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Ontario RAT 6 Fixed Blade Review: A Footlong Knife Worth Every Penny

Ontario RAT 6 Folder Knife(Photo/Josh Wussow)
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The Ontario RAT 6 will tackle an entire turkey.

It’s been a while since I reviewed a big, dumb knife. “Lightweight” was the name of the game this past summer, with the Mora Kansbol as my primary hiking companion.

But my pack weight tends to go up as the temperatures begin to drop, so I began searching for a new, heavy-duty knife to carry in the frozen woods. When the Ontario RAT 6 ($230) struck my eye, it was love at first sight.

If you’re a blade nerd, chances are you know Ontario Knife Co. Ontario’s line of RAT folders are a favorite among value-minded shoppers. Its fixed-blade counterparts, according to the company’s site, “have proven themselves to be some of the most field ready knives you can add to your collection.”

Ontario continues this tradition with the new RAT 6. “Measuring in at 5.5 in blade length with a deep finger choil, RAT standard micarta handle scales, full S35VN steel tang construction, this knife has the capabilities of a large chopper and detail knife in one due to its vast blade length sweeping into a piercing tip,” the brand’s marketing boasts.

Still, $230 seems a bit pricey for a chunk of steel. But so confident was Ontario that the brand offered a loaner for review, betting that the knife would win me over. Can this RAT put its money where its mouth is? I headed to the woods (and the kitchen) to find out.

In short: The Ontario RAT 6 is a pitch-perfect fixed blade. Its excellent grind, durable edge, and comfortable handle blend to create a paragon of hard-use confidence. The sheath is likewise excellent, and its firestarting capabilities proved to be a surprise. Depending on where you shop, the RAT 6 is a screaming deal.

Ontario RAT 6 Folder Knife: Review

Ontario RAT 6 Folder Knife Review
(Photo/Josh Wussow)


  • Blade length: 5.5 in.
  • Overall length: 12.1 in.
  • Blade thickness: 3/16 in.
  • Blade steel: S35VN
  • Handle material: Micarta
  • Weight (w/o sheath): 11.92 oz.
  • Sheath: Nylon

Let’s Talk About the Sheath

Ontario RAT 6 Folder Knife - sheat
(Photo/Josh Wussow)

We’ll get to the knife in a minute, but there’s another aspect I’d like to discuss first: The RAT 6’s sheath. While some manufacturers are content to slap together some Kydex or leather and call it a day, Ontario has done good work here.

The OKC-branded sheath rides low on the belt, and its nylon is rugged and well-stitched. I especially enjoyed the snaps, which are surprisingly easy to open and refasten with a single hand. There are MOLLE attachment points on the back as well, if you’re into that sort of thing.

Knife Design

The knife itself is immediately impressive. At just over a foot long, this large chunk of S35VN came sharp and ready to go. The Micarta handle is wide and comfortable, with a nice hook toward the back that helps keep your palm in place.

RAT 6's blade tip design
(Photo/Josh Wussow)

The tip is somewhat fine, but I wouldn’t exactly call it delicate. There’s enough width there for drilling or piercing, but if you’re planning to carve through a car door, well, you get what you deserve.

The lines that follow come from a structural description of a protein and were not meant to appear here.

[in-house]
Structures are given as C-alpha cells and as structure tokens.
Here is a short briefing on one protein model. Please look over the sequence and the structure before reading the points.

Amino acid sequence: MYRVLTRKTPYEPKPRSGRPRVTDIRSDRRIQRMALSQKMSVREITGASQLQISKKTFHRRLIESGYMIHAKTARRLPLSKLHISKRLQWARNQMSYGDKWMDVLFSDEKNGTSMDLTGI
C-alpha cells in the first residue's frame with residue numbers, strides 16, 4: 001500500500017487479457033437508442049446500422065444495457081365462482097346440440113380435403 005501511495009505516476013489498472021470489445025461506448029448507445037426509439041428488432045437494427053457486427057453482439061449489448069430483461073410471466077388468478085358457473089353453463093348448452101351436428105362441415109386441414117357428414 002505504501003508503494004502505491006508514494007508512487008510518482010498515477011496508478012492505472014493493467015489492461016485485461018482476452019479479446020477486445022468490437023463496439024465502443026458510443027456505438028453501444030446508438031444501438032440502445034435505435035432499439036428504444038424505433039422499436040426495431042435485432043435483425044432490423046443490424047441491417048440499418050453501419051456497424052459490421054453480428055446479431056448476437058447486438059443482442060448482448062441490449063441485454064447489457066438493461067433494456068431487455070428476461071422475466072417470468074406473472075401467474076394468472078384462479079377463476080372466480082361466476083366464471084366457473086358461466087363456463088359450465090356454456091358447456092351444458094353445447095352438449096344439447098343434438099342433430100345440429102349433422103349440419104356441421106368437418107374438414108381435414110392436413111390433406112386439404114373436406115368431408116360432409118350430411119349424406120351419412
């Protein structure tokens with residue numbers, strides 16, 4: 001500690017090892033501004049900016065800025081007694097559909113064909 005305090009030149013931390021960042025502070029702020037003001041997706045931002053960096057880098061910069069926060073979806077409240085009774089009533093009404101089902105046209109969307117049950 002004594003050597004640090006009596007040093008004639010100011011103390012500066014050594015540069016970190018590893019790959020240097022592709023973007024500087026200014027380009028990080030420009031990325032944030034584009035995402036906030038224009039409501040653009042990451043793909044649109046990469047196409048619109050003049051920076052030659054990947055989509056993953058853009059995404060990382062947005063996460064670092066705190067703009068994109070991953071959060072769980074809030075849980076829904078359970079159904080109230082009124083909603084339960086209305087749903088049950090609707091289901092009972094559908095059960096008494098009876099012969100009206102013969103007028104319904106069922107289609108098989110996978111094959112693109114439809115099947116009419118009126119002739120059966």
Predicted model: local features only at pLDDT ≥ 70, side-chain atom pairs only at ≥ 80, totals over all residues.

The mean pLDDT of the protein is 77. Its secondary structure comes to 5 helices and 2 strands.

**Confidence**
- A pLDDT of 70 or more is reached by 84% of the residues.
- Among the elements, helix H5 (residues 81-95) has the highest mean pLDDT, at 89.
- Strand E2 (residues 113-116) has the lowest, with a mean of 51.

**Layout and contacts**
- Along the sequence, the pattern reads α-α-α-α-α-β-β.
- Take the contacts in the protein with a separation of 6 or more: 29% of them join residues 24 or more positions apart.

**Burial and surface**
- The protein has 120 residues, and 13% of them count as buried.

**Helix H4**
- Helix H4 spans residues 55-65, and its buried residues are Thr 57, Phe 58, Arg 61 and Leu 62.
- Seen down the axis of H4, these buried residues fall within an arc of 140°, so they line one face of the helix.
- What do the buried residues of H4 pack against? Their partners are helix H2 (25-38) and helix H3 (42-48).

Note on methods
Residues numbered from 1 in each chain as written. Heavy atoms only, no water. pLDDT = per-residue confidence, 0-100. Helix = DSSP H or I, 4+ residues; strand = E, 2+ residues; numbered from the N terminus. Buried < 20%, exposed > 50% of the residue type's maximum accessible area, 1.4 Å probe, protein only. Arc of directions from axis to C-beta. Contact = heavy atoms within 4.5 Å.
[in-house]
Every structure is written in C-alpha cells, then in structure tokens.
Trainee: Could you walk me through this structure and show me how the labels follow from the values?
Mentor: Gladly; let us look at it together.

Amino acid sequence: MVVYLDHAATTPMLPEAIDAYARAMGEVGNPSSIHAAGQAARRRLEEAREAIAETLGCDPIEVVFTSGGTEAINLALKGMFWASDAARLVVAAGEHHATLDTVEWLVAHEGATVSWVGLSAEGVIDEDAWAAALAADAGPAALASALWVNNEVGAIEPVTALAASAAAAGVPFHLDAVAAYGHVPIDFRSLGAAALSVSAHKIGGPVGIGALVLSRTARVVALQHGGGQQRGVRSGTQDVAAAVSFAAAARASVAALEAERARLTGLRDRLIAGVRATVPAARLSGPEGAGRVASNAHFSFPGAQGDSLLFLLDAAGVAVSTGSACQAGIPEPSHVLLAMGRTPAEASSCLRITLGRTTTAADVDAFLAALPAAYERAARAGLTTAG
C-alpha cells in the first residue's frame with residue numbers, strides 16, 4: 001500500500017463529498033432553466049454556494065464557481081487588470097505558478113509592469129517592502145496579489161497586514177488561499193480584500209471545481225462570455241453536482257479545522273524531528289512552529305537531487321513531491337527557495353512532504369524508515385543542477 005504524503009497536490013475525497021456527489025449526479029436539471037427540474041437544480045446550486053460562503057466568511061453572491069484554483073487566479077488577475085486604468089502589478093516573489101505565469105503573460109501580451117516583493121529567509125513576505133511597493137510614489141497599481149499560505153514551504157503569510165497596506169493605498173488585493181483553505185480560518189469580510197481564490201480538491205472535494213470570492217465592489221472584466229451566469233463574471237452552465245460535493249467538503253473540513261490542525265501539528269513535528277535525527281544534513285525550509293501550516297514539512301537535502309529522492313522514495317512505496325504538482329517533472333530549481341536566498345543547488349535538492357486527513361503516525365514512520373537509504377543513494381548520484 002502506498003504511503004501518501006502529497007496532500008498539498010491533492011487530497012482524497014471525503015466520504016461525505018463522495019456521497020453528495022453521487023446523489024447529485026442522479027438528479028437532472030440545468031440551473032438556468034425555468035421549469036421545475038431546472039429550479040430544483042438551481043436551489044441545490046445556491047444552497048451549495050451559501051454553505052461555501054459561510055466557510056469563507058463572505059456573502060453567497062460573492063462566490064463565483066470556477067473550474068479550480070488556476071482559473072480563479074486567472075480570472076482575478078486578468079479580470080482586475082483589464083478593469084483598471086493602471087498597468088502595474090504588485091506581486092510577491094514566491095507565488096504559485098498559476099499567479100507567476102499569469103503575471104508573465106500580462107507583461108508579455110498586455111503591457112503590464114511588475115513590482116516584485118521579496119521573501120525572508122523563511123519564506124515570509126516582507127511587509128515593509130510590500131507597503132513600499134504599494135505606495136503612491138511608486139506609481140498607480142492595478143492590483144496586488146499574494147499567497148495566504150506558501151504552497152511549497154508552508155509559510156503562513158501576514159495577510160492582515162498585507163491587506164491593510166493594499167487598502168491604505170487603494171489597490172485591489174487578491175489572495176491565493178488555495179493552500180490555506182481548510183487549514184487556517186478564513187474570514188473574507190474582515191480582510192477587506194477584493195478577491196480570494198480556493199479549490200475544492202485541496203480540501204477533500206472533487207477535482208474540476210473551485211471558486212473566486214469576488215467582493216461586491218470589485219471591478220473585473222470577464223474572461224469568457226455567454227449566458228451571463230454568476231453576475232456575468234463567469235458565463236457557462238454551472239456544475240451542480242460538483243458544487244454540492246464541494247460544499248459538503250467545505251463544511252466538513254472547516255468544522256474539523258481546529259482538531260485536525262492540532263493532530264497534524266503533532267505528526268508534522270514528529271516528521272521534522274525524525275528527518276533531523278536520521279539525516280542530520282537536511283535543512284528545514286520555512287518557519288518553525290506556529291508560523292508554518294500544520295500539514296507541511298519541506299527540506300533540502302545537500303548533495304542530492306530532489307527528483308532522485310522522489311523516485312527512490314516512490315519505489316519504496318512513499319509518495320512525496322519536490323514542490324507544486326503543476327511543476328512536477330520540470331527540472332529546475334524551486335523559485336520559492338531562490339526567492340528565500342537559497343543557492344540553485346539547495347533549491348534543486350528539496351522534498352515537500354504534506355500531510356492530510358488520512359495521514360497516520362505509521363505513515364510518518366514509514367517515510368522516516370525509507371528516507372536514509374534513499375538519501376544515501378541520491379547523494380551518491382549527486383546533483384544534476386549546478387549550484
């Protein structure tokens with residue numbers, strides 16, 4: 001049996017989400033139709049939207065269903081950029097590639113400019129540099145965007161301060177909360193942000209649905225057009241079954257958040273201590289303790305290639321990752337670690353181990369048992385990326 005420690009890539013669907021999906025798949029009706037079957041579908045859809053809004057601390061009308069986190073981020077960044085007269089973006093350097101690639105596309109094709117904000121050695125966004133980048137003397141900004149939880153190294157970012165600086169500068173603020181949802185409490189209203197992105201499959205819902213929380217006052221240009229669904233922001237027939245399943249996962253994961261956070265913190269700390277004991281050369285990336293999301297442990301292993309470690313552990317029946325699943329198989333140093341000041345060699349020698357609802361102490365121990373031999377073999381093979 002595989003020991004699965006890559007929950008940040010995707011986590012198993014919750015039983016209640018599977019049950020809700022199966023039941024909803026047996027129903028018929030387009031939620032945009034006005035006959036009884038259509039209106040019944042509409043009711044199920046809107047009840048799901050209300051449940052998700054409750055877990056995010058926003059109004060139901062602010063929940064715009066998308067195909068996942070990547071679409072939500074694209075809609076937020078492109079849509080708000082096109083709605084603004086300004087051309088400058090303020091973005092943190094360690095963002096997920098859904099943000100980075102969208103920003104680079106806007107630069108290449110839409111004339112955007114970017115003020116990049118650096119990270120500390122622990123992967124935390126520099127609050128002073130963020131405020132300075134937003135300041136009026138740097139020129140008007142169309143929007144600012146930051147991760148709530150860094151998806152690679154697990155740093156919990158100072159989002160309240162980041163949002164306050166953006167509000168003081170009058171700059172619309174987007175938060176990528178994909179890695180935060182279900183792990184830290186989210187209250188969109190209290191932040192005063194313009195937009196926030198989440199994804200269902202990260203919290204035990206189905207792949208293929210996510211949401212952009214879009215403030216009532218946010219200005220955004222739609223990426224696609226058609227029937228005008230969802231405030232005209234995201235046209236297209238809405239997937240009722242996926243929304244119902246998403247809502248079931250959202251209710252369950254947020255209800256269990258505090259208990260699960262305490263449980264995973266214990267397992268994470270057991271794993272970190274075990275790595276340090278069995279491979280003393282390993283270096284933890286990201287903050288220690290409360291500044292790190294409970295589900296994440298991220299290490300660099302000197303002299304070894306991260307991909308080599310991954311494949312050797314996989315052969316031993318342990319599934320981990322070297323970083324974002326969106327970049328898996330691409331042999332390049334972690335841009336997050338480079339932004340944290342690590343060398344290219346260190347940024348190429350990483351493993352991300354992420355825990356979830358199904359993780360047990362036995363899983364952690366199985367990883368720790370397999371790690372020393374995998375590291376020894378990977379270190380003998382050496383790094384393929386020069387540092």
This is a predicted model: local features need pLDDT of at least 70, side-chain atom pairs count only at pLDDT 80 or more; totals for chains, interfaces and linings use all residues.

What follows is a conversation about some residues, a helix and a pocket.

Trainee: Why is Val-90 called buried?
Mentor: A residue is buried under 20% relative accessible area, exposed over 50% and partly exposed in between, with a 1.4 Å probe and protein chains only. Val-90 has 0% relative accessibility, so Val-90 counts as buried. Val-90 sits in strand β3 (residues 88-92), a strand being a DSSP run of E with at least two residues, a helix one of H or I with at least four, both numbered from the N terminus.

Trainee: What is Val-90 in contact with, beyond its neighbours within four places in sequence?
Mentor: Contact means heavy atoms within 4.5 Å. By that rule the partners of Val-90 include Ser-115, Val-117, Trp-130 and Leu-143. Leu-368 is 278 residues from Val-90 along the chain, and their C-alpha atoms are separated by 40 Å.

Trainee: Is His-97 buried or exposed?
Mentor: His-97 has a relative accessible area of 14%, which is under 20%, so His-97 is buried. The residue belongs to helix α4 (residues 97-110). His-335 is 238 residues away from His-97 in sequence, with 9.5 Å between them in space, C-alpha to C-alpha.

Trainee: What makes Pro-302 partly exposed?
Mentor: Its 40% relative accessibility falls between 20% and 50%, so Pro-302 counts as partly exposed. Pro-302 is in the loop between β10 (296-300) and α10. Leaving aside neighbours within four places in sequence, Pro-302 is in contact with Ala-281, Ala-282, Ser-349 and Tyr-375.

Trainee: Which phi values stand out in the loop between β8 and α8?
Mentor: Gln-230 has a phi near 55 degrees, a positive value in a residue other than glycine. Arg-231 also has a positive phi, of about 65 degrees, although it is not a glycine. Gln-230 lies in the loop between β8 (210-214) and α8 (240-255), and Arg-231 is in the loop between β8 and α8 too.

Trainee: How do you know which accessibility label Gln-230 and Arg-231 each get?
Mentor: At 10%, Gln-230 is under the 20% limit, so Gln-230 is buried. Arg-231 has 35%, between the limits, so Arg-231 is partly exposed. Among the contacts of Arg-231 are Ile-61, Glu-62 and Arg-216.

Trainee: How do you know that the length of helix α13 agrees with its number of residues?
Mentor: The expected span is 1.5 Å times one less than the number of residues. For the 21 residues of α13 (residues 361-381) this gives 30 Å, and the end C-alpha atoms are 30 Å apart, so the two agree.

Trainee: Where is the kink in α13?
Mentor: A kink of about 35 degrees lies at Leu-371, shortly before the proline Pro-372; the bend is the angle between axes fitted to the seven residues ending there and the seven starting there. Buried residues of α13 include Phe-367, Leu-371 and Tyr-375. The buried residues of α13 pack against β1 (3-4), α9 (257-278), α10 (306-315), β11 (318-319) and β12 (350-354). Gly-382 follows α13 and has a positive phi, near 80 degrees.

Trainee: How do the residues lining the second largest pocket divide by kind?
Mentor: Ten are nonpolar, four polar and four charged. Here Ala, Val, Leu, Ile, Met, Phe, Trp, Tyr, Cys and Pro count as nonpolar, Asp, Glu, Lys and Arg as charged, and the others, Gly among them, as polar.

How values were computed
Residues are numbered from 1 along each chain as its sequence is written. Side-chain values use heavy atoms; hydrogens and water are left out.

OKC RAT 6 Tested

Speaking of testing, the RAT’s first task upon arrival didn’t involve smashing or batoning. Instead, it went to the kitchen for an entirely different sort of carving.

testing the Ontario RAT 6 Folder Knife
(Photo/Josh Wussow)

That’s right — I broke down a whole turkey. And when the meat was removed and I discovered that the carcass was too large for my stock pot, the RAT 6 proved to be the perfect tool for chopping through the spine.

After this, onions and carrots didn’t stand a chance. You won’t get thin slices with a blade like this, but it’s great for a simple, rough dice.

With its strong outdoor pedigree, I figured the RAT 6 for a wood-splitting champ. Medium to small-size logs (even frozen ones) parted with ease, and the edge remained true throughout use.

But, with its slightly rounded shoulders, I didn’t think the knife would be able to throw sparks. I was wrong.

creating fire with the RAT 6
(Photo/Josh Wussow)

While not as aggressive as a 90-degree spine, the RAT 6 is more than capable of creating ignition.

At just over 12 inches and barely a hair under 12 ounces (11.92, on my scale), the RAT 6 is just large enough for light chopping. But if you’re planning to fell an entire tree with this blade, expect to be at it for a while.

There’s a lanyard hole at the back of the handle, if you want to add a bit of leverage or reach. In my testing, however, the handle was solid and secure.

Ontario RAT 6 Knife: Conclusion

Normally, I’d include a section listing the knife’s struggles. But I’ll be honest, there’s nothing I don’t like about the RAT 6.

The price, perhaps, is a bit high, but you’re getting more than a foot of knife with S35VN steel, plus an outstanding sheath to go with it. And if you shop at a place like Blade HQ, the price is significantly less than buying from the source.

However you get your hands on this RAT, I think you’ll like what Ontario has come up with. Will it thinly slice an onion? No, but that kind of task lies decidedly outside its use case.

For what it is, the Ontario RAT 6 is more or less perfect — an easy-riding, wood-splitting, turkey-carving, all-around beast of a survival knife.

Check Price at Blade HQCheck Price at Ontario Knife

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